Then when the update of this Q-value is done. We start in a new_state and select our action **using our epsilon-greedy policy again.**

**It’s why we say that this is an off-policy algorithm.**

## Off-policy vs On-policy

The difference is subtle:

*Off-policy*: using**a different policy for acting and updating.**

For instance, with Q-Learning, the Epsilon greedy policy (acting policy), is different from the greedy policy that is **used to select the best next-state action value to update our Q-value (updating policy).**

Is different from the policy we use during the training part:

*On-policy:*using the**same policy for acting and updating.**

For instance, with Sarsa, another value-based algorithm,** it’s the Epsilon-Greedy Policy that selects the next_state-action pair, not a greedy-policy.**

## An example

To better understand this algorithm, let’s take a simple example:

- You’re a mouse in this very small maze. You always
**start at the same starting point.** - The goal is
**to eat the big pile of cheese at the bottom right-hand corner,**and avoid the poison. - The episode ends if we eat the poison,
**eat the big pile of cheese or if we spent more than 5 steps.** - The learning rate is 0.1
- The gamma (discount rate) is 0.99

The reward function goes like this:

**+0:**Going to a state with no cheese in it.**+1:**Going to a state with a small cheese in it.**+10:**Going to the state with the big pile of cheese.**-10:**Going to the state with the poison and thus die.

To train our agent to have an optimal policy (so a policy that goes left, left, down). **We will use the Q-Learning algorithm.**

**Step 1: We initialize the Q-Table**

So, for now, **our Q-Table is useless**, we need** to train our Q-Function using Q-Learning algorithm.**

Let’s do it for 2 steps:

**Step 2: Choose action using Epsilon Greedy Strategy**

Because epsilon is big = 1.0, I take a random action, in this case I go right.

**Step 3: Perform action At, gets Rt+1 and St+1**

By going right, I’ve got a small cheese so Rt+1 = 1 and I’m in a new state.

**Step 4: Update Q(St, At)**

We can now update Q(St, At) using our formula.

STEP 2:

**Step 2: Choose action using Epsilon Greedy Strategy**

**I take again a random action, since epsilon is really big 0.99** (since we decay it a little bit because as the training progress we want less and less exploration).

I took action down.** Not a good action since it leads me to the poison.**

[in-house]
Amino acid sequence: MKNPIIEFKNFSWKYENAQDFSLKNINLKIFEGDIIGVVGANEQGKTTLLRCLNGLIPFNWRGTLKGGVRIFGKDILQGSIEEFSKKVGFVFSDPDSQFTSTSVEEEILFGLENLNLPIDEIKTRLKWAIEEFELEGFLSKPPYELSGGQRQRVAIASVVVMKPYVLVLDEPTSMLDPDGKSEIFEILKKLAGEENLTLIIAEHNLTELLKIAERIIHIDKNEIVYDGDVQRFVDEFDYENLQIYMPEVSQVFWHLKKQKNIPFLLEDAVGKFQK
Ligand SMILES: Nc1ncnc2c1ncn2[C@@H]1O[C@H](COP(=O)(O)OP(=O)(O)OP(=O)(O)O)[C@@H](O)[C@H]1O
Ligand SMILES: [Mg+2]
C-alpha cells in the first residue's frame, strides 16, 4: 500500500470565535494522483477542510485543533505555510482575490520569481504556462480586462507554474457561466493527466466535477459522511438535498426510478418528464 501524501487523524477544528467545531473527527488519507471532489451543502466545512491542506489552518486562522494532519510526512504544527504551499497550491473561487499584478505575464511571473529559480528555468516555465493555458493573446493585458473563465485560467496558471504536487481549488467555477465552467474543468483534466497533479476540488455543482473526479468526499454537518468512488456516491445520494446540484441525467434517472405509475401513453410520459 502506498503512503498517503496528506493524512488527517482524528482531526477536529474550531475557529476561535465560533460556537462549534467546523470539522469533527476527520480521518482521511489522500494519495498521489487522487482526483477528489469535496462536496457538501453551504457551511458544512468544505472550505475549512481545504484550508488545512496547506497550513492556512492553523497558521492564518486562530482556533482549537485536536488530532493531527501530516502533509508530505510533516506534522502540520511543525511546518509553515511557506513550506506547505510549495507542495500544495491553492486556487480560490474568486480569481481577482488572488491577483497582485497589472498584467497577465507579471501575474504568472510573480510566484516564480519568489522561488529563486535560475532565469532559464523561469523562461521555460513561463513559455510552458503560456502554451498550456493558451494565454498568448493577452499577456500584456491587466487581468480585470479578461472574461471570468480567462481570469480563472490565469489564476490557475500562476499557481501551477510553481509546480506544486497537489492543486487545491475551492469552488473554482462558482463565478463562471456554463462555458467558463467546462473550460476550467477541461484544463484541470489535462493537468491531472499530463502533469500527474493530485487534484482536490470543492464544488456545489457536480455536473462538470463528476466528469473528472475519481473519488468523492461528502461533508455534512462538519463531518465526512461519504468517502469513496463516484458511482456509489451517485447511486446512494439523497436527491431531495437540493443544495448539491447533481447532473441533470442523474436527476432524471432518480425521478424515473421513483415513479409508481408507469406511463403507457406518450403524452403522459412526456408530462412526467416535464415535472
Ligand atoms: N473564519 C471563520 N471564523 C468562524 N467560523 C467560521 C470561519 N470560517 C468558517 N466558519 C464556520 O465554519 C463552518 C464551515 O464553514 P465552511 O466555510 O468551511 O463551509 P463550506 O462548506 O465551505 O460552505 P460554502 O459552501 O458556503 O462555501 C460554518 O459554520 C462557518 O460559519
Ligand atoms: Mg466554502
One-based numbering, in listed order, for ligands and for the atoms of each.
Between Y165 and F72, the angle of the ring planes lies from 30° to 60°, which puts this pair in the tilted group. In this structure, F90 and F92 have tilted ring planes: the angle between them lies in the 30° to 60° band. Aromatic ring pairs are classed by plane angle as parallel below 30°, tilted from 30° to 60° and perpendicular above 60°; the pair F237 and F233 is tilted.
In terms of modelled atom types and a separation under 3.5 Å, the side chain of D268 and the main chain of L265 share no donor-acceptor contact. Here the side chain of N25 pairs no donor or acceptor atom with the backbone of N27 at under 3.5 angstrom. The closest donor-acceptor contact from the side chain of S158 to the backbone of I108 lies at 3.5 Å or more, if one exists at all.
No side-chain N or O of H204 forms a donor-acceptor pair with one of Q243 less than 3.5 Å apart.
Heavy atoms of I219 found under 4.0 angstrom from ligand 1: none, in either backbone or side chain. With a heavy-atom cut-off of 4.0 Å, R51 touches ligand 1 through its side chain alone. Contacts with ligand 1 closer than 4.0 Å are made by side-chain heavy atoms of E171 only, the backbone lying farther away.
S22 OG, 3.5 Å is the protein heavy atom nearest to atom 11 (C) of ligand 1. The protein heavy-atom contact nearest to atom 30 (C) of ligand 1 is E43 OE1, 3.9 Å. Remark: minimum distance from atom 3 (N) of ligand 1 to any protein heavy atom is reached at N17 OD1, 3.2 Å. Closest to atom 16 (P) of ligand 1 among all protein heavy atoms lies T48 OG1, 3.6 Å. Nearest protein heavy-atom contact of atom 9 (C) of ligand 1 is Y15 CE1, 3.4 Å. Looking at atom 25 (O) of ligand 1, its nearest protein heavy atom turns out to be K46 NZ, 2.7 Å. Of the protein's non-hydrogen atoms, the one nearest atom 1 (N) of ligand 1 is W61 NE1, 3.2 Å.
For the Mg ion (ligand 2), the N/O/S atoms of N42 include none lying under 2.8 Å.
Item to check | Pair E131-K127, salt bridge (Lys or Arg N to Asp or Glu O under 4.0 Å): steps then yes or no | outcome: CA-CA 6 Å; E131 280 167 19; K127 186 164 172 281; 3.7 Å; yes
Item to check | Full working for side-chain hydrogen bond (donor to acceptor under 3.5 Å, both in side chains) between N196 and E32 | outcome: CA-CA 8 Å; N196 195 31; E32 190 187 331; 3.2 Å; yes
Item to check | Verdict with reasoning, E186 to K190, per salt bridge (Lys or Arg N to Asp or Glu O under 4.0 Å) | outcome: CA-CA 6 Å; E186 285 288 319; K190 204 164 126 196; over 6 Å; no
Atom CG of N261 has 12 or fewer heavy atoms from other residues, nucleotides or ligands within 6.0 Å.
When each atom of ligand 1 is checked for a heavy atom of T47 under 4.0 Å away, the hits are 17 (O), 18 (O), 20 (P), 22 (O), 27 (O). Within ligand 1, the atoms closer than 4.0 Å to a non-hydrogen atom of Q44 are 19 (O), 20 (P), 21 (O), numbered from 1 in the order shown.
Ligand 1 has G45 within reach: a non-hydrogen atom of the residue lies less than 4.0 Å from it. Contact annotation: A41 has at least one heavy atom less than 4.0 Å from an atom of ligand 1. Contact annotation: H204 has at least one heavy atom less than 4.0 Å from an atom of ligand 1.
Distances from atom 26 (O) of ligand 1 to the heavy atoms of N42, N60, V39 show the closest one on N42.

**Step 3: Perform action At, gets Rt+1 and St+1**

Because I go to the poison state,** I get Rt+1 = -10 and I die.**

**Step 4: Update Q(St, At)**

Because we’re dead, we start a new episode. But what we see here, is that **with two explorations steps, my agent became smarter.**

As we continue to explore and exploit the environment and update Q-values using TD target,** Q-Table will give us better and better approximations. And thus, at that end of the training, we’ll get an optimal Q-Function.**

We’re now ready to implement our first RL agent,

# Let’s train our Q-Learning Taxi agent 🚕

Now that we understood the theory behind Q-Learning,** let’s implement our first agent.**

The goal here is to train a taxi agent **to navigate in this city to transport its passengers from point A to point B.**

Our environment looks like this, i**t’s a 5x5 grid world,** our taxi is spawned randomly in a square. The passenger is **spawned randomly **in one of the 4 possible locations (R, B, G, Y) and **wishes to go in one of the 4 possibles locations too.**

Your task is to **pick up the passenger at one location and drop him off in its desired location **(selected randomly).

**There are 6 possible actions,** the actions are deterministic (it means the one you choose to take is the one you take):

The reward system:

Why we set a -1 for each action?

Remember that the goal of our agent is to maximize its expected cumulative reward, **if the reward is -1, its goal is to have the minimum amount possible of negative reward** (since he wants to maximize the sum), so it will **push him to go the faster possible.** So to take the passenger from his location to its destination as fast as possible.

For this part, you can follow the notebook **every is explained step by step**, or watch the video version of the course **where we’ll implement it step by step.**

So let’s start,

So that’s all for today. Congrats on finishing this chapter!

**You’ve just implemented your first RL agent,** an autonomous taxi that is able to navigate in this city to transport its passengers from a random point A to a random point B. **That’s amazing!**

Take time to grasp the material before continuing. In the third chapter, **we’ll study Deep Q-Learning, and implement our first Deep RL Agent **that will learn to play Space Invaders.

If you liked my article, **please click the 👏 below as many times as you liked the article** so other people will see this here on Medium. And **don’t forget to follow me on Medium, on ****Twitter****, and on ****Youtube****.**

See you next time,

Keep learning, stay awesome,

## Deep Reinforcement Learning Course v2.0:

Chapter 1: Introduction to Deep Reinforcement Learning